Ms Sheilla Tembalam Xego (ANC)


What is your political background?

My interest in politics started way back in 1976 and 1977 when I was young and still attending teaching college. I started teaching in 1980 and then joined a teacher union. As a unionist I became actively involved in politics. From 2000 to 2006 I served as a Councillor in Mbhase Municipality in the Eastern Cape. I then became a Councillor in the Amathole District Municipality and served from 2006 to 2010. In 2011 I was elected to serve as a Member of Parliament.

What does your job as an MP entail?

Members of parliament exercise oversight over the Executive. MPs also propose and pass legislation that brings about changes in people’s lives. It is also my responsibility to take people’s needs from my constituency to Parliament. In essence, it is my responsibility to ensure that I put forward the interests of my constituency and take their complaints to different government departments.

What is your impression of the Fifth Parliament so far?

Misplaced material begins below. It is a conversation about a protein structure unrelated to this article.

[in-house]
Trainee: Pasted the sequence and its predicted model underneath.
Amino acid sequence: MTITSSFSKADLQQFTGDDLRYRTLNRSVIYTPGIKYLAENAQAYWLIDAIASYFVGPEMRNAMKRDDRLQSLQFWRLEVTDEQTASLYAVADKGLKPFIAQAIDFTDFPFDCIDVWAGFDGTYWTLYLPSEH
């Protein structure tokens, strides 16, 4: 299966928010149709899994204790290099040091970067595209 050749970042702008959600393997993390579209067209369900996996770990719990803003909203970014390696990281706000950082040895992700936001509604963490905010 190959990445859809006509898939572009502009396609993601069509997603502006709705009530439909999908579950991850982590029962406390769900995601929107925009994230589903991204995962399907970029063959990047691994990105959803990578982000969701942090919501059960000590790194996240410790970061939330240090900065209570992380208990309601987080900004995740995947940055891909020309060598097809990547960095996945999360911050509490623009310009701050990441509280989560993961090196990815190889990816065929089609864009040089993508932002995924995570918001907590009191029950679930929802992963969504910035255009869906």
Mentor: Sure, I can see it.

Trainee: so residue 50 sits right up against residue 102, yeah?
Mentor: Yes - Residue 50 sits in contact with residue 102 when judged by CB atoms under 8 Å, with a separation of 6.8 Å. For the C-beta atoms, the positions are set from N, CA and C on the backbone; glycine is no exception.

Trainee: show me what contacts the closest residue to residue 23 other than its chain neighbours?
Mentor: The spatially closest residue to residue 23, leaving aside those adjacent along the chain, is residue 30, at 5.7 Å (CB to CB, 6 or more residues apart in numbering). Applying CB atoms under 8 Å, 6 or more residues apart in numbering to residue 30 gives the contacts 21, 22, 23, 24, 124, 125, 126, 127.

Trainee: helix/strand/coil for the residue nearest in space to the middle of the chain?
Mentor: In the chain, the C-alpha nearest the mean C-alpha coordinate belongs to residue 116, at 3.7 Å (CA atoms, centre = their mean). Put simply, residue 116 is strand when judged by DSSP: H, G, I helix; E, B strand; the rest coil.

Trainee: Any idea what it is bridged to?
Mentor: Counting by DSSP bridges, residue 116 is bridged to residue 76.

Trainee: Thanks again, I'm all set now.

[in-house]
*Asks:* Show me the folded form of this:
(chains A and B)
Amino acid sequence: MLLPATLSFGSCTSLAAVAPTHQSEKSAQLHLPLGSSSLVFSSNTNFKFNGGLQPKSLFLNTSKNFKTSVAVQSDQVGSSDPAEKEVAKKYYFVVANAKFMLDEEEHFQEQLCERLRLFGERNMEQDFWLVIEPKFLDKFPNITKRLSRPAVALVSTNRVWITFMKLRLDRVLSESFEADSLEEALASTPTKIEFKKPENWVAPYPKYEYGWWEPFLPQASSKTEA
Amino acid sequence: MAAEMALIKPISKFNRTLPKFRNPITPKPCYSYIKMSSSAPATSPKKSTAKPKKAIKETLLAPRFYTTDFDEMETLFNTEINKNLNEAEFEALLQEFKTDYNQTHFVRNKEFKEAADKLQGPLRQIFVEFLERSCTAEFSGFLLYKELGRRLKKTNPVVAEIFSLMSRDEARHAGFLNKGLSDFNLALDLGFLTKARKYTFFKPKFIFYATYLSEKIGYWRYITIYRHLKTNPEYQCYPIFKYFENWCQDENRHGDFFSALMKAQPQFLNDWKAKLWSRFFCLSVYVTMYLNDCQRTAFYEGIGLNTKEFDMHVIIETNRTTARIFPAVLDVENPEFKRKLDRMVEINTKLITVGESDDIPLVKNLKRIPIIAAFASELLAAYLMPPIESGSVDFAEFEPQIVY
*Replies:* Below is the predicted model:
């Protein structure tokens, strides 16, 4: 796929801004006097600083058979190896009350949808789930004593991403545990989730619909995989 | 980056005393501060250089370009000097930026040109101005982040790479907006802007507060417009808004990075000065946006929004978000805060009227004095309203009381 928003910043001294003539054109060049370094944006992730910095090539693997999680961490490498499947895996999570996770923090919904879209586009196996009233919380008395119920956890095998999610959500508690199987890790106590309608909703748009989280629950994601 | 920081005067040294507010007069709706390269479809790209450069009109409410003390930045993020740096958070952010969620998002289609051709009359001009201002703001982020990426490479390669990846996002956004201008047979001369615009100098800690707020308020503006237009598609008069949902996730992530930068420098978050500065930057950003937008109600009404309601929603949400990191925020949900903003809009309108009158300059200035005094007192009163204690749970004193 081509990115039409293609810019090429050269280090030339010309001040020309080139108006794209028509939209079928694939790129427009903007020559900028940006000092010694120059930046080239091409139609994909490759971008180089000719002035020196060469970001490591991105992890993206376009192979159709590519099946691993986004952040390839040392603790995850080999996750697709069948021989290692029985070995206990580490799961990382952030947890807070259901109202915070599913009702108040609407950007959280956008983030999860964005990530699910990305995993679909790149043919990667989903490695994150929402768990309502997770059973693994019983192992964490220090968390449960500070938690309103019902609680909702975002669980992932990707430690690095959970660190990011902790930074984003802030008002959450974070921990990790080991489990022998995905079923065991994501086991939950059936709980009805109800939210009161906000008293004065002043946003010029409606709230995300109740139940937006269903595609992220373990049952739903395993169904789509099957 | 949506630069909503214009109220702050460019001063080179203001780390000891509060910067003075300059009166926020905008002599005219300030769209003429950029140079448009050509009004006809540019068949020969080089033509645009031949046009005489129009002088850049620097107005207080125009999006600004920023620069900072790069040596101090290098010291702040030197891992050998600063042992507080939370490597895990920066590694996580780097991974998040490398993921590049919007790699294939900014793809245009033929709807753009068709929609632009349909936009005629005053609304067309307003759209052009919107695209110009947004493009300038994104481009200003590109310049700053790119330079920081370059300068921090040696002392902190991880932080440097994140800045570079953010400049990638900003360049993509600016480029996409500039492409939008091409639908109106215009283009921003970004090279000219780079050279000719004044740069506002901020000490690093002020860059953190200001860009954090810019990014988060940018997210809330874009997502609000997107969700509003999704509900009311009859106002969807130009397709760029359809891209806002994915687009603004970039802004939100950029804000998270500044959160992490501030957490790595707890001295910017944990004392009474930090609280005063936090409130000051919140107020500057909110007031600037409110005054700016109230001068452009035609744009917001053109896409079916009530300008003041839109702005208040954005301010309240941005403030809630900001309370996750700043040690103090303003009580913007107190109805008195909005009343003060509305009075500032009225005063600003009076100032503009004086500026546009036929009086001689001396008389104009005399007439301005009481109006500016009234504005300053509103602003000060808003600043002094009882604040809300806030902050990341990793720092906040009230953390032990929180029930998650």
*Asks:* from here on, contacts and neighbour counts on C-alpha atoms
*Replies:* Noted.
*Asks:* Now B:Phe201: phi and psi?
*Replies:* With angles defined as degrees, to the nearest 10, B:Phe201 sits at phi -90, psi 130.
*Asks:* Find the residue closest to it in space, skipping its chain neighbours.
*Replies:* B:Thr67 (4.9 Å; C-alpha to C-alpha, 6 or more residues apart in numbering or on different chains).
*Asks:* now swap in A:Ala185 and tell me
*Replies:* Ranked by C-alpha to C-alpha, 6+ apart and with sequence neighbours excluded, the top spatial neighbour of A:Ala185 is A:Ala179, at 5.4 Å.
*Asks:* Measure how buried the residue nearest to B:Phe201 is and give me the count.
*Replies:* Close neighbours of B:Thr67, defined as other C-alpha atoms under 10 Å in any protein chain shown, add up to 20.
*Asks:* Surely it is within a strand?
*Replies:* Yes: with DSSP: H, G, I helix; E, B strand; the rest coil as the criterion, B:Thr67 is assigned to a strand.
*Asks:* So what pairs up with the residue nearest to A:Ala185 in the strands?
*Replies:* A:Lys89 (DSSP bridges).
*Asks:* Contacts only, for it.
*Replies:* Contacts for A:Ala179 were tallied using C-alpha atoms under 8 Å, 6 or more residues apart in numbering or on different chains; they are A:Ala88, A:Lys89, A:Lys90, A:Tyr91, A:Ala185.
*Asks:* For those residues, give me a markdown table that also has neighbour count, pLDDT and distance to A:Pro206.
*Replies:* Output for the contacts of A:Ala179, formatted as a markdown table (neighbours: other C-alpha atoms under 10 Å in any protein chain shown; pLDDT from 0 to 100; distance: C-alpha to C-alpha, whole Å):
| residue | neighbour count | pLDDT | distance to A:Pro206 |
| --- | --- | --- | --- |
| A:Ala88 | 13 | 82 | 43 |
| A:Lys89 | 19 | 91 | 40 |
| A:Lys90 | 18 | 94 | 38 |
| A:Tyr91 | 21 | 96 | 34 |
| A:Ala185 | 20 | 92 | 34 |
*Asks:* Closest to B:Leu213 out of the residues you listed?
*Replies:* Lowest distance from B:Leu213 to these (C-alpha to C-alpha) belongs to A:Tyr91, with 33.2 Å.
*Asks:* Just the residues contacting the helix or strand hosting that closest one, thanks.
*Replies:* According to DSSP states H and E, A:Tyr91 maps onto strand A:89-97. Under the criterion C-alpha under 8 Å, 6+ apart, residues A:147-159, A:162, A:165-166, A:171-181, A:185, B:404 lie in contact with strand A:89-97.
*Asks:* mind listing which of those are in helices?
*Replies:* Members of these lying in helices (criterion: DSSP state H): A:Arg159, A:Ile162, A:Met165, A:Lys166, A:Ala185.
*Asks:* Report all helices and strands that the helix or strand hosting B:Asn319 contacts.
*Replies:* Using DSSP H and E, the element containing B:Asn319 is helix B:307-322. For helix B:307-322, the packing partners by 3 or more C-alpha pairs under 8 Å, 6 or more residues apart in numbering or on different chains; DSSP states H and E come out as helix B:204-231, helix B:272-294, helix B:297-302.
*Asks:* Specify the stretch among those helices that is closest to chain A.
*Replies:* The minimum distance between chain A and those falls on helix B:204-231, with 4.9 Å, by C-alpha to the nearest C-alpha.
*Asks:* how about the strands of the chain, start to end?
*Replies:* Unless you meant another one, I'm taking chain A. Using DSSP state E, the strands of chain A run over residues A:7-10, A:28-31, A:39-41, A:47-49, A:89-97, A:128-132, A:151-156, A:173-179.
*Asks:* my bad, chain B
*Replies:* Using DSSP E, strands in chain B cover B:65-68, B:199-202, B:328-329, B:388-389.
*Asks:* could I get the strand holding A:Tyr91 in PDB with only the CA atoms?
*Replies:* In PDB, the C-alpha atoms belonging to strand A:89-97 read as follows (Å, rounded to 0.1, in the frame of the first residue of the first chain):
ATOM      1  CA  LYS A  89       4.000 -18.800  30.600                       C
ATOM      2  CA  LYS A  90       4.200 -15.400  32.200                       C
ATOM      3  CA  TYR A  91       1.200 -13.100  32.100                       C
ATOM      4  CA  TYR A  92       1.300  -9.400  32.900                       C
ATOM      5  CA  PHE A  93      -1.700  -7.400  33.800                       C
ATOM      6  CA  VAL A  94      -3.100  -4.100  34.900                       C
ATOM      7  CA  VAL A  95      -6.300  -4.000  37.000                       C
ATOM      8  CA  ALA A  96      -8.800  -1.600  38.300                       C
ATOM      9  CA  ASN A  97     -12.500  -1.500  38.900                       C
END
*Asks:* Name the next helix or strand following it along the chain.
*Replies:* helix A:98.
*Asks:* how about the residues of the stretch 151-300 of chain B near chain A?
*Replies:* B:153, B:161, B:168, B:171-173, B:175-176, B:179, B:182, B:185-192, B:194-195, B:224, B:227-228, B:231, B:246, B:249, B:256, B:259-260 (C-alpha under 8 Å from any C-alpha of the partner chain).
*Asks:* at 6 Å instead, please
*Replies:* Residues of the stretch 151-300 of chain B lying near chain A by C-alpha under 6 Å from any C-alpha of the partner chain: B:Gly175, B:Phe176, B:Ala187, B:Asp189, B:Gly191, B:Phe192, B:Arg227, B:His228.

The Fifth Parliament is interesting because there is active involvement and interest by young people which has never been the case before. The interest in Parliament is clear judging by the number of people who are watching Channel 408 where everything that happens in Parliament is shown to the general public.

Where is your constituency? What has been most interesting about your constituency work so far?

I am assigned a constituency office in a small Eastern Cape town under the Amothole District Municipality. My areas of interest are around socio-economic issues around the province. I am mostly involved in health related projects, mostly in the economic programmes of the area. I am also involved in creating awareness so that people can represent their communities in the forums of the municipalities, because this where basic needs are being addressed.

What are you passionate about?

This applies both in a political/professional and personal context? I am passionate about recruiting members to the African National Congress, because I want most South Africans to know what the ANC stands for, what it has done for the people of South Africa and how things have changed from the previous regime to the new democratic South Africa. I am a “housekeeper” who likes to network and I try to address people’s concerns at my constituency, particularly women’s issues.

What would your message to South Africans be?

South Africans should not to focus on the problems that seemed to be advocated by other people. I would also like South Africans to know how the country was before 1994 and how it has changed today.

*This blog interview was conducted during the Fifth Parliament.

To learn more about this Member, visit her profile.

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